In Part 1, I showed you my design process for this challenge. It’s based on Art Deco ideas and color schemes but I created my own design.
The first thing I needed was to buy some black wool yarn. I was going to order unspun yarn, which I think would work best for this technique but I didn’t manage to get it ordered. Instead, I went to Michaels (hobby/art store) and purchased this cheap, wool yarn. At least that made it so I could move forward.
Next I placed my enlarged design under a piece of plastic so I could follow the lines with the black yarn first. You need to work upside down with this technique. So the black goes on first. I wet down the yarn per Ildi’s instructions on her recent felt wall hanging post. If I had been paying more attention, I would have looked back at Ildi’s design and seen that it was much more spread out than mine. But on I went.
Here’s the layout after I had laid down all the wet black wool yarn. I found it was easiest to cut all the lengths that were similar and wet them down at once. The yarn had a tendency to just lie on top of the water and not get wet. So I took 6 cut lengths at a time and dunked, patted and pushed the water into the yarn. Then I laid the yarn length along the pattern, sometimes squeezing the ‘corners’ to get a sharper turn in the yarn. I cut off the extra lengths as I worked.
Then I started laying out the colored wool. This was wet down in advance too. It was a bit awkward filling in the areas to start but I soon got the hang of it. I pinched off a bit of fiber, got it wet and then ‘smooshed” (that’s a technical term) it in place. My estimates of the amount of wool needed also got better with practice. I filled in the background color too to make the first layer of wool level. I did look at Art Deco color palettes and chose one that was similar using what I had on hand.
Then I added more of the background wool on top. I wanted it fairly thick so that it wouldn’t shrink too much and squeeze the design down even more.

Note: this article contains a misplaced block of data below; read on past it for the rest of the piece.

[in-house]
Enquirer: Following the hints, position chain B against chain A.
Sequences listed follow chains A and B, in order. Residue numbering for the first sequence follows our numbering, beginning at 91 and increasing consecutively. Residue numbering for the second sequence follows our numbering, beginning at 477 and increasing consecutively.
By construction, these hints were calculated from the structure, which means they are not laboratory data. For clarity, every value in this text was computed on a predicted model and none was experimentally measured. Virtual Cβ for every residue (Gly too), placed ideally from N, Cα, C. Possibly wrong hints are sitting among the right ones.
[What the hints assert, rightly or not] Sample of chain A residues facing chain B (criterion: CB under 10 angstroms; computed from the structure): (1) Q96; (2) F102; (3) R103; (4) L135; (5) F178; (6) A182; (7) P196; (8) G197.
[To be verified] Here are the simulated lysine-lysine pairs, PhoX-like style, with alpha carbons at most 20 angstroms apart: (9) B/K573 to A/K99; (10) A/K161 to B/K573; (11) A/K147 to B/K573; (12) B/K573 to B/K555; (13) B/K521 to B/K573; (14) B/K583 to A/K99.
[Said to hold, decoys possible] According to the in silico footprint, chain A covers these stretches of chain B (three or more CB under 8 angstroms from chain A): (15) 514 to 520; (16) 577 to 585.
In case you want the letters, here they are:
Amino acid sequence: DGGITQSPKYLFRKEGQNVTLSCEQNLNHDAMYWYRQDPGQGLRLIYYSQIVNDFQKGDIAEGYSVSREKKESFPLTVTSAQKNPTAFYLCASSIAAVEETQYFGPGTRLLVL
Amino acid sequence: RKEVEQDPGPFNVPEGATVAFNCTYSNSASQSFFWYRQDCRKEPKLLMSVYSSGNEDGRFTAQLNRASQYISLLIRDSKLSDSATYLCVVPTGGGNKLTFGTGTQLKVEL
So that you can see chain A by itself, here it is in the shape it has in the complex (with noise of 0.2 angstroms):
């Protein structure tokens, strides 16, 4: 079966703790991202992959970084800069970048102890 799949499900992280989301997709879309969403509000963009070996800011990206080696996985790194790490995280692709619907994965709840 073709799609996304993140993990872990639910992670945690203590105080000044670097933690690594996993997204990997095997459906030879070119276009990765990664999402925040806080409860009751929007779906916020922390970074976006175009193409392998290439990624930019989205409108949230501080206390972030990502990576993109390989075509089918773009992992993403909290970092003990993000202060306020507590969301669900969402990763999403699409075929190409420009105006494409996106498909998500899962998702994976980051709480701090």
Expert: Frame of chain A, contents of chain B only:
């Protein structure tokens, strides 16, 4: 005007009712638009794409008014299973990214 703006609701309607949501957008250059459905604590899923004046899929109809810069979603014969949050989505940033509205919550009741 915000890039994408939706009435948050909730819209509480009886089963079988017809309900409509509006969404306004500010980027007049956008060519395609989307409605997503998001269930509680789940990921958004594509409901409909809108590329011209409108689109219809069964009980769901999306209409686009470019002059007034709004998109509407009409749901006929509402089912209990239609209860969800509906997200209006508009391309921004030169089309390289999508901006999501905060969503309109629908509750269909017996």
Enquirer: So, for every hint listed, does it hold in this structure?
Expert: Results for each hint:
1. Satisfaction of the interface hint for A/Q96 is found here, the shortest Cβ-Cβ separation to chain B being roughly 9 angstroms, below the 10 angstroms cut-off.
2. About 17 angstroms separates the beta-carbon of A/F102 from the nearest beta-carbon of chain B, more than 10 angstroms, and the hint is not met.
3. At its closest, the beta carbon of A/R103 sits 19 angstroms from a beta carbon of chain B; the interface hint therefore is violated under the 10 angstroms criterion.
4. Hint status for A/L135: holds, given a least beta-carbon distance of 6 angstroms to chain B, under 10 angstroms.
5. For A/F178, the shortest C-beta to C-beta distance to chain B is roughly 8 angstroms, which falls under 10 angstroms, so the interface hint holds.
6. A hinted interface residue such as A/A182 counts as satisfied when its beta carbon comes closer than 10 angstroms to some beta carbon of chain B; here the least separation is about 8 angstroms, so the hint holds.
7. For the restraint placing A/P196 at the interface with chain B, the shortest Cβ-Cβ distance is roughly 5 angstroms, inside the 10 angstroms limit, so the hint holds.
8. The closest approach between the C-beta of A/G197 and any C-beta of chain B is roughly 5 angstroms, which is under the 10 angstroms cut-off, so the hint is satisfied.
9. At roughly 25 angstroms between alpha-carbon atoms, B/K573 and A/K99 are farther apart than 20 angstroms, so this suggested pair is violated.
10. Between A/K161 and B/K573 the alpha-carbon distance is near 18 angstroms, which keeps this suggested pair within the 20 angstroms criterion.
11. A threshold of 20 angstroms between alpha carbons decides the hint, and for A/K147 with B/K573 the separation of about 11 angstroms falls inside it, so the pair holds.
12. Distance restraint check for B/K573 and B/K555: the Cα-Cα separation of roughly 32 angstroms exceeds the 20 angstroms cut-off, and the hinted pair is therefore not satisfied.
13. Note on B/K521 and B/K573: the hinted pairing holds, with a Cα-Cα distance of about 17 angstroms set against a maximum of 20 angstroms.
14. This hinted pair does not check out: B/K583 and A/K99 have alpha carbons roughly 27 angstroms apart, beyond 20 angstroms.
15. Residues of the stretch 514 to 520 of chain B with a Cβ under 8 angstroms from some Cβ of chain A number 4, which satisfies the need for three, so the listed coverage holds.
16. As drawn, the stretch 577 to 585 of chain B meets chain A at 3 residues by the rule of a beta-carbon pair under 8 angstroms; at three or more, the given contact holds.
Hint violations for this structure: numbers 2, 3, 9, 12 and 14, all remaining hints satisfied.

I covered the wool with a sheer curtain and pressed the air out and added a bit more water to get everything flattened out. From the blue green side, I folded over any stray fiber and made a kind of circle with the background. I figured I would cut it later if I wanted everything to be even.
Then I spent most of my time rubbing and putting pressure on the blue green side. I didn’t do much rubbing on the front design as I didn’t want it to shift. I always use a piece of corrugated rubber underneath the felt while I rub and have the felt covered either with plastic or sheer fabric. Once the design was set and everything was staying in place, I fulled the piece with a rolling pin and with hand pressure. I didn’t do any throwing, rolling or heavy rubbing.
Here it is after felting and fulling. I was surprised at how straight my lines stayed. I did do a little stretching along the length of the lines if they started to get wonky. But all in all, I thought the method worked great. It does take a long time to layout but the design stayed put. The cheap wool yarn worked fine so I didn’t need the more expensive unspun yarn. But I think unspun yarn would felt in more easily and perhaps have less “hairiness” when felted.
And here it is after I cut the edges. It would make a nice hot mat or a design on a bigger felt piece such as a large tote bag. The piece is about 10″ in diameter (if it was a circle). I’m not sure what I am going to do with it. Thanks Ildi for the idea and thanks to Lyn and Annie for another good challenge. Art Deco is an interesting time period to use as an inspiration!